The Latin Goddess Venus was originally a Goddess of the vine (Venus, Vino) and a protector of vineyards and gardens.
She was adopted into the Roman pantheon as the local version of the Greek Goddess Aphrodite. Her original associations largely forgotten, most myths attributed to Venus that have survived today were originally Aphrodite’s though She also borrows aspects from the Etruscan deity Turan.
However, Venus does retain Her own personality.
The name Venus derives from the Latin noun venus which refers to sexual desire itself or perhaps the noun comes from the name. This amazing little word is the root of many others, including venenum “poison” or “magic potion” and venom. venustās “loveliness”.
Venery “sexual gratification”. Venerate “to hold with deep respect” from venerārī “to solicit the goodwill of a God”. And, not least, vine. Related words in different languages include the Sanskrit words vanas “to desire or wish for” veti and “to chase or follow after” as well as the Old English word waþ, the Norse veiðr and the Lithuanial veju, which all relate to hunting.
The variety of words stemming from Venus gives us a small clue to her complicated personality.
Venus and the Roman State
Venus and Mars were exceptionally important tutelary Gods of the Roman state, both considered divine ancestors of the Roman people.
According to Roman lore, Aphrodite, and by extension Venus, was the mother of Aeneas, a warrior from Troy who fled to Italy after its destruction.
Aeneas was the great-great-great…. grandfather of Remus and Romulus, the legendary founders of Rome. Julius Ceasar also claimed to be descended from Venus.
Venus, Women, and Femininity
Venus symbolizes the feminine principle of the universe and is the patron of all women. In ancient Rome, girls offered their toys to Venus to mark their entrance into womanhood and brides made offerings to Venus in preparation for their nuptials.
She was the patron of prostitutes and also guarded the sacred laws surrounding sexuality and punished those who committed sexual crimes such as rape and incest, guarded the vows of the Vestal Virgins and guided sex addicts gently back to normality.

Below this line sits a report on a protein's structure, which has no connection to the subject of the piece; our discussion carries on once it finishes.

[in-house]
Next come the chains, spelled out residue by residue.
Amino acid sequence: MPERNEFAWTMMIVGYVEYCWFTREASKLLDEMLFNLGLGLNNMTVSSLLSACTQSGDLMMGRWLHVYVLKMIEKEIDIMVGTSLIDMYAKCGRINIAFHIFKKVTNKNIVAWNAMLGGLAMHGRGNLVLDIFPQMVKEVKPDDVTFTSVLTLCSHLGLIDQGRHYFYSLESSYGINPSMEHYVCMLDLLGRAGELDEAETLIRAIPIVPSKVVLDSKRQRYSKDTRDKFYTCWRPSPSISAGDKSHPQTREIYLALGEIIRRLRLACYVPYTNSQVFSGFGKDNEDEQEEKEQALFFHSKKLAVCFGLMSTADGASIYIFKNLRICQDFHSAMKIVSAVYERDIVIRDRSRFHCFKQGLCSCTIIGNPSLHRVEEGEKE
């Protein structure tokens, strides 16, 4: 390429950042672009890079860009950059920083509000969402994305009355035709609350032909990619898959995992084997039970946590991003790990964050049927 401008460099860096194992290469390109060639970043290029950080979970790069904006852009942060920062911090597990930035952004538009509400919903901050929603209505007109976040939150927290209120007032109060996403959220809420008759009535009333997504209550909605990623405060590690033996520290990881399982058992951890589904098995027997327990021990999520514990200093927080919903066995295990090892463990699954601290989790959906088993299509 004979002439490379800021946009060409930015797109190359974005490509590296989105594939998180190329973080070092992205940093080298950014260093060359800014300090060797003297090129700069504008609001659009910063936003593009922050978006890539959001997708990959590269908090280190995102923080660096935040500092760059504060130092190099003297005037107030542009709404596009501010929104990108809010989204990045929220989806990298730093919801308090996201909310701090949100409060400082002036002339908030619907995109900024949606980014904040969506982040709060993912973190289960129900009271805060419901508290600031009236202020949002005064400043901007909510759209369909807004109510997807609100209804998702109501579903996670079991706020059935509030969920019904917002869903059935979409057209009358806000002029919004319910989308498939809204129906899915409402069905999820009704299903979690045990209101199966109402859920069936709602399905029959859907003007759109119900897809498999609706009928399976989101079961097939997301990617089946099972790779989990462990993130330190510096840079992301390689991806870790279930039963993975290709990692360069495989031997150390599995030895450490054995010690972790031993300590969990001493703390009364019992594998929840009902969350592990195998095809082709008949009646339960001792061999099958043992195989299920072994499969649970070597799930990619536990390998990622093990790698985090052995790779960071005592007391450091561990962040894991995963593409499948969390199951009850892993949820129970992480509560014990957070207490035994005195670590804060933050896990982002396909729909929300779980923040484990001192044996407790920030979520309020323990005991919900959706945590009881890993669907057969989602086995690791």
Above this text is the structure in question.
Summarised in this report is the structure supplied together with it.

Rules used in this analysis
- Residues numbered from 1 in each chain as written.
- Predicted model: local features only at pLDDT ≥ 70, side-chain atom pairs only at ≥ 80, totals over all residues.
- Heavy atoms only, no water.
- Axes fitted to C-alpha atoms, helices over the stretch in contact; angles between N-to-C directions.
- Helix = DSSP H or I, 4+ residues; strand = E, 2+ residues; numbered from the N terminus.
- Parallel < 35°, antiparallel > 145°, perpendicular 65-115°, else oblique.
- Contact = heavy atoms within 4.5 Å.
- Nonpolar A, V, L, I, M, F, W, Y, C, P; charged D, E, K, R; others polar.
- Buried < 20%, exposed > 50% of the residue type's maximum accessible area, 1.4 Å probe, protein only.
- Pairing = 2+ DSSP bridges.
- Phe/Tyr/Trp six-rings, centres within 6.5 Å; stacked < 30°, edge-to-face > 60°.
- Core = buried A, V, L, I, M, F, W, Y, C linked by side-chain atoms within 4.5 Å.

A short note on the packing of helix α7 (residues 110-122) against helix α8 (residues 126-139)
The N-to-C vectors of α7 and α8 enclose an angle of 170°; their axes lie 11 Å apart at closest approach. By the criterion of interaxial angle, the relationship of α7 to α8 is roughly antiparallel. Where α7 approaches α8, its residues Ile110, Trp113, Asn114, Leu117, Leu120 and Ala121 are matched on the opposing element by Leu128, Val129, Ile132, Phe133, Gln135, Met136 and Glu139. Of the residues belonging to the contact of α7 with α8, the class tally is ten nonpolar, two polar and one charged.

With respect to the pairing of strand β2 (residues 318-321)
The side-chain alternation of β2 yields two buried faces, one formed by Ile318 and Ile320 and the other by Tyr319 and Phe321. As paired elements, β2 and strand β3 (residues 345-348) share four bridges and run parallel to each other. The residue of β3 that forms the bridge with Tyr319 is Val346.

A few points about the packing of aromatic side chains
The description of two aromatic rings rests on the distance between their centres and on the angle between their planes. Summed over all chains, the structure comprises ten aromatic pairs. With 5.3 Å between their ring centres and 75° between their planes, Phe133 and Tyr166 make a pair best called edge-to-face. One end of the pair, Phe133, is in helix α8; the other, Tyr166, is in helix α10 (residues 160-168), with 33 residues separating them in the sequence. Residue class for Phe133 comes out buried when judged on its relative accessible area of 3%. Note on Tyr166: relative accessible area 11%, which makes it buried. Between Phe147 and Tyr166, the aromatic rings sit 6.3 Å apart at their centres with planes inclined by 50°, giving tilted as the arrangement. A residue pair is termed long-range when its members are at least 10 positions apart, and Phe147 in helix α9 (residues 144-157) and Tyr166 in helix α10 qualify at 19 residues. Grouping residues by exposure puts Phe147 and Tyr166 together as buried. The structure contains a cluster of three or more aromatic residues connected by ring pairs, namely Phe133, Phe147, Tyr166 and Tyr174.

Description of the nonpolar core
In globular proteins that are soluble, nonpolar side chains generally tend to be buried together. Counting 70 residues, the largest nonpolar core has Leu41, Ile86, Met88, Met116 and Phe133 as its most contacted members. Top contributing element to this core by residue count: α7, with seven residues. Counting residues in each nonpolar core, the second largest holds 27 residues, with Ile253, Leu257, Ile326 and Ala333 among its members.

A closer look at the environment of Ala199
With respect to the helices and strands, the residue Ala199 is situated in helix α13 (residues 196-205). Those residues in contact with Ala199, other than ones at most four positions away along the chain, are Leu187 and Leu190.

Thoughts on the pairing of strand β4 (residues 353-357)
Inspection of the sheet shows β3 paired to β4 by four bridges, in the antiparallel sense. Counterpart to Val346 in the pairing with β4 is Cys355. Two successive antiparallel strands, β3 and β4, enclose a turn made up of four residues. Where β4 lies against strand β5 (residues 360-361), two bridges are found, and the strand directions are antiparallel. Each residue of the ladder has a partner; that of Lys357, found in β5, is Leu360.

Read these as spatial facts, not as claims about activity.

She helped to ensure female fertility as well as the fertility of the land. Marital success and seduction lay within her realm of influence and so did the success of the state; victory in battle and general good fortune.
Lovers and Family
Venus’s myths are pretty much the same as those of Aphrodite. Before the two were equated, the Latin people don’t seem to have been as interested in having stories about their Gods. That being said, her father was Jupiter, or perhaps she rose spontaneously from the sea foam after he emasculated his own father Cronus.
Her divine consorts were Vulcan and Mars and her mortal loves included Anchises and Adonis. Her sons are Cupid and Anteres
Epithets of Venus
- Venus Obsequens
- Venus Erycina
- Venus Genetrix
- Venus Felix
- Venus Victrix
- Venus Verticordia
- Venus Caelestis
- Venus Cloacina
- Venus Calva
- Venus Frutis
- Venus Kallipygos
- Venus Libertina
- Venus Murcia
- Venus Physica
- Venus Urania
- Venus Fisica
Symbols of Venus
- Herbs sacred to Venus: rose and myrtle
- Foods sacred to Venus: wine, especially tinctured with myrtle oil
- The Venus symbol, is also known as The Mirror of Venus.
Festivals for Venus
- Veneralia April 1st
- Vinalia Urbana April 23rd
- Vinalia Rustica August 19th
Venus in the Vernacular
The name Venus is attributed in modern usage to just about any female statue that is Goddess-like in appearance. It is important to note that many of these do not depict Venus.
The Venus de Milo is most likely Aphrodite and the Venus of Willendorf, if she is a Goddess at all, has not been identified. She is certainly not Venus, though she may be an ancestor.